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# Quantropy

1
Centre for Quantum Technologies, National University of Singapore, Singapore 117543, Singapore
2
Department of Mathematics, University of California, Riverside, CA 92521, USA
3
Department of Physics and Astronomy, University of California, Riverside, CA 92521, USA
*
Author to whom correspondence should be addressed.
Entropy 2015, 17(2), 772-789; https://doi.org/10.3390/e17020772
Received: 17 December 2014 / Accepted: 30 January 2015 / Published: 9 February 2015

## Abstract

There is a well-known analogy between statistical and quantum mechanics. In statistical mechanics, Boltzmann realized that the probability for a system in thermal equilibrium to occupy a given state is proportional to $$\exp(-E/kT)$$, where $$E$$ is the energy of that state. In quantum mechanics, Feynman realized that the amplitude for a system to undergo a given history is proportional to $$\exp(-S/i\hbar)$$, where $$S$$ is the action of that history. In statistical mechanics, we can recover Boltzmann's formula by maximizing entropy subject to a constraint on the expected energy. This raises the question: what is the quantum mechanical analogue of entropy? We give a formula for this quantity, which we call quantropy''. We recover Feynman's formula from assuming that histories have complex amplitudes, that these amplitudes sum to one and that the amplitudes give a stationary point of quantropy subject to a constraint on the expected action. Alternatively, we can assume the amplitudes sum to one and that they give a stationary point of a quantity that we call free action'', which is analogous to free energy in statistical mechanics. We compute the quantropy, expected action and free action for a free particle and draw some conclusions from the results.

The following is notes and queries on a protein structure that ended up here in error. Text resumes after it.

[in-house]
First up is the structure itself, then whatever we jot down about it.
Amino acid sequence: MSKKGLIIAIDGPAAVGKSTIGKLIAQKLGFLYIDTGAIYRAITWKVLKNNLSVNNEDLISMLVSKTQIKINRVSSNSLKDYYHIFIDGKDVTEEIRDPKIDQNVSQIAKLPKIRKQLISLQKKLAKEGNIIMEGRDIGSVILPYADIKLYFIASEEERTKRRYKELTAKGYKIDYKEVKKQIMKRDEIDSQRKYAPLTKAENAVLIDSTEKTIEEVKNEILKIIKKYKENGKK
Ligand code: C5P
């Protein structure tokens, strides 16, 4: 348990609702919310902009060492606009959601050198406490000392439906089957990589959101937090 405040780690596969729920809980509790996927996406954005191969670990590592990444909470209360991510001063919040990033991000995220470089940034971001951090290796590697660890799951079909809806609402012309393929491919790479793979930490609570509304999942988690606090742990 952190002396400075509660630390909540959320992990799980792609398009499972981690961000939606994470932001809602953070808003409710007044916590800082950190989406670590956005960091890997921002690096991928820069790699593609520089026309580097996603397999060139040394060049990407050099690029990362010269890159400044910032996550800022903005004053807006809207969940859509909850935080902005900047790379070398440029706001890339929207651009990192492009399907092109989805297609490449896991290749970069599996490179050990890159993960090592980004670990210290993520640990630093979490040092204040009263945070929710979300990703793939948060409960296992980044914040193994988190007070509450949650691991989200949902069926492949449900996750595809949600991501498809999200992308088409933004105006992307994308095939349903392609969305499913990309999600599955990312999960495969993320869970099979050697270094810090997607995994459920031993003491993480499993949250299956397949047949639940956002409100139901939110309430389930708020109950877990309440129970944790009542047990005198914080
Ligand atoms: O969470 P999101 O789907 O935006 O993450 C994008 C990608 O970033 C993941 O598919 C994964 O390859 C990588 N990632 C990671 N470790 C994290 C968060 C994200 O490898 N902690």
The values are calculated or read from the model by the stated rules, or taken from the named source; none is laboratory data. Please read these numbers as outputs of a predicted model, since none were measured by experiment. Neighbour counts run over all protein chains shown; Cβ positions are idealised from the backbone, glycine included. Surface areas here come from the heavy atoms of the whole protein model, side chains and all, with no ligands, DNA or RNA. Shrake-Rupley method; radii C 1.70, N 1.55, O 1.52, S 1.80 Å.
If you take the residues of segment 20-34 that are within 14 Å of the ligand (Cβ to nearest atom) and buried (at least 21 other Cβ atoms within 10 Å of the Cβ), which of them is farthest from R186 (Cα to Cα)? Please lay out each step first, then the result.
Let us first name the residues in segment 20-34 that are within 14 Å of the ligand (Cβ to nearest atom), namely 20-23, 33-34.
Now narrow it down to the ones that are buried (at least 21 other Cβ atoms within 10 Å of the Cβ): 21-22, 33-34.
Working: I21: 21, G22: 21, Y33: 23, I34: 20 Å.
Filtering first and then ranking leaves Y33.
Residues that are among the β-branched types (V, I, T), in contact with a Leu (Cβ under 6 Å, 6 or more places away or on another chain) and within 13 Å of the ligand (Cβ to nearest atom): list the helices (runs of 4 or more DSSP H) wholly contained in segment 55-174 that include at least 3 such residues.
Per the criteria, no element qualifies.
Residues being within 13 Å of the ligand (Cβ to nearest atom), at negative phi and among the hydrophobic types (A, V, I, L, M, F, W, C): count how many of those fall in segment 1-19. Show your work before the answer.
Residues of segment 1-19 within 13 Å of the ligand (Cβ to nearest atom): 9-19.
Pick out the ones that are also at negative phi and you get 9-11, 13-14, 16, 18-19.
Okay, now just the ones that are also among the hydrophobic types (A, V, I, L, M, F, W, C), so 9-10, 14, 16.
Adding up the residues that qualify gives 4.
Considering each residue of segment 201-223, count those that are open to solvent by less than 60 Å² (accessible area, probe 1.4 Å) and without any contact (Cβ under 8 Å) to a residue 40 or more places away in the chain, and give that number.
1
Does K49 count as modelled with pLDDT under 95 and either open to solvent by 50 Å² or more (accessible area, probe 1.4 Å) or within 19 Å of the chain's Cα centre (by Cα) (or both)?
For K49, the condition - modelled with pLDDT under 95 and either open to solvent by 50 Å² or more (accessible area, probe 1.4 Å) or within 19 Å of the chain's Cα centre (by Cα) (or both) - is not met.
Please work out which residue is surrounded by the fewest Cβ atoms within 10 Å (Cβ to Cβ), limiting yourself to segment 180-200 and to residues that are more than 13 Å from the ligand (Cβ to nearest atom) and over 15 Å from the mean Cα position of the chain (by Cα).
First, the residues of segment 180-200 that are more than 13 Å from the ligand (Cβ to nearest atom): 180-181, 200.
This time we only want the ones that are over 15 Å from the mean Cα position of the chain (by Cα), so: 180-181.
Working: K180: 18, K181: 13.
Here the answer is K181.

## 1. Introduction

There is a famous analogy between statistical mechanics and quantum mechanics. In statistical mechanics, a system can be in any state, but its probability of being in a state with energy E is proportional to exp(−E/T ), where T is the temperature in units where Boltzmann’s constant is one. In quantum mechanics, a system can move along any path, but its amplitude for moving along a path with action S is proportional to exp(−S/iħ), where ħ is Planck’s constant. Therefore, we have an analogy, where making the replacements:
$E ↦ S T ↦ i ℏ$
formally turns the probabilities for states in statistical mechanics into the amplitudes for paths, or “histories”, in quantum mechanics. In statistical mechanics, the strength of thermal fluctuations is governed by T. In quantum mechanics, the strength of quantum fluctuations is governed by ħ.
In statistical mechanics, the probabilities exp(−E/T ) arise naturally from maximizing entropy subject to a constraint on the expected value of energy. Following the analogy, we might guess that the amplitudes exp(−S/iħ) arise from maximizing some quantity subject to a constraint on the expected value of action. This quantity deserves a name, so let us tentatively call it “quantropy”.
In fact, Lisi  and Munkhammar  have already treated quantum systems as interacting with a “heat bath” of action and sought to derive quantum mechanics from a principle of maximum entropy with amplitudes (or as they prefer to put it, complex probabilities) replacing probabilities. However, seeking to derive amplitudes for paths in quantum mechanics from a maximum principle is not quite correct. Quantum mechanics is rife with complex numbers, and it makes no sense to maximize a complex function. However, a complex function can still have stationary points, where its first derivative vanishes. Therefore, a less naive program is to derive the amplitudes in quantum mechanics from a “principle of stationary quantropy”. We do this for a class of discrete systems and then illustrate the idea with the example of a free particle, discretizing both space and time.
Carrying this out rigorously is not completely trivial. In the simplest case, entropy is defined as a sum involving logarithms. Moving to quantropy, each term in the sum involves a logarithm of a complex number. Making each term well defined requires a choice of branch cut; it is not immediately clear that we can do this and obtain a differentiable function as the result. Additional complications arise when we consider the continuum limit of the free particle. Our treatment handles all these issues.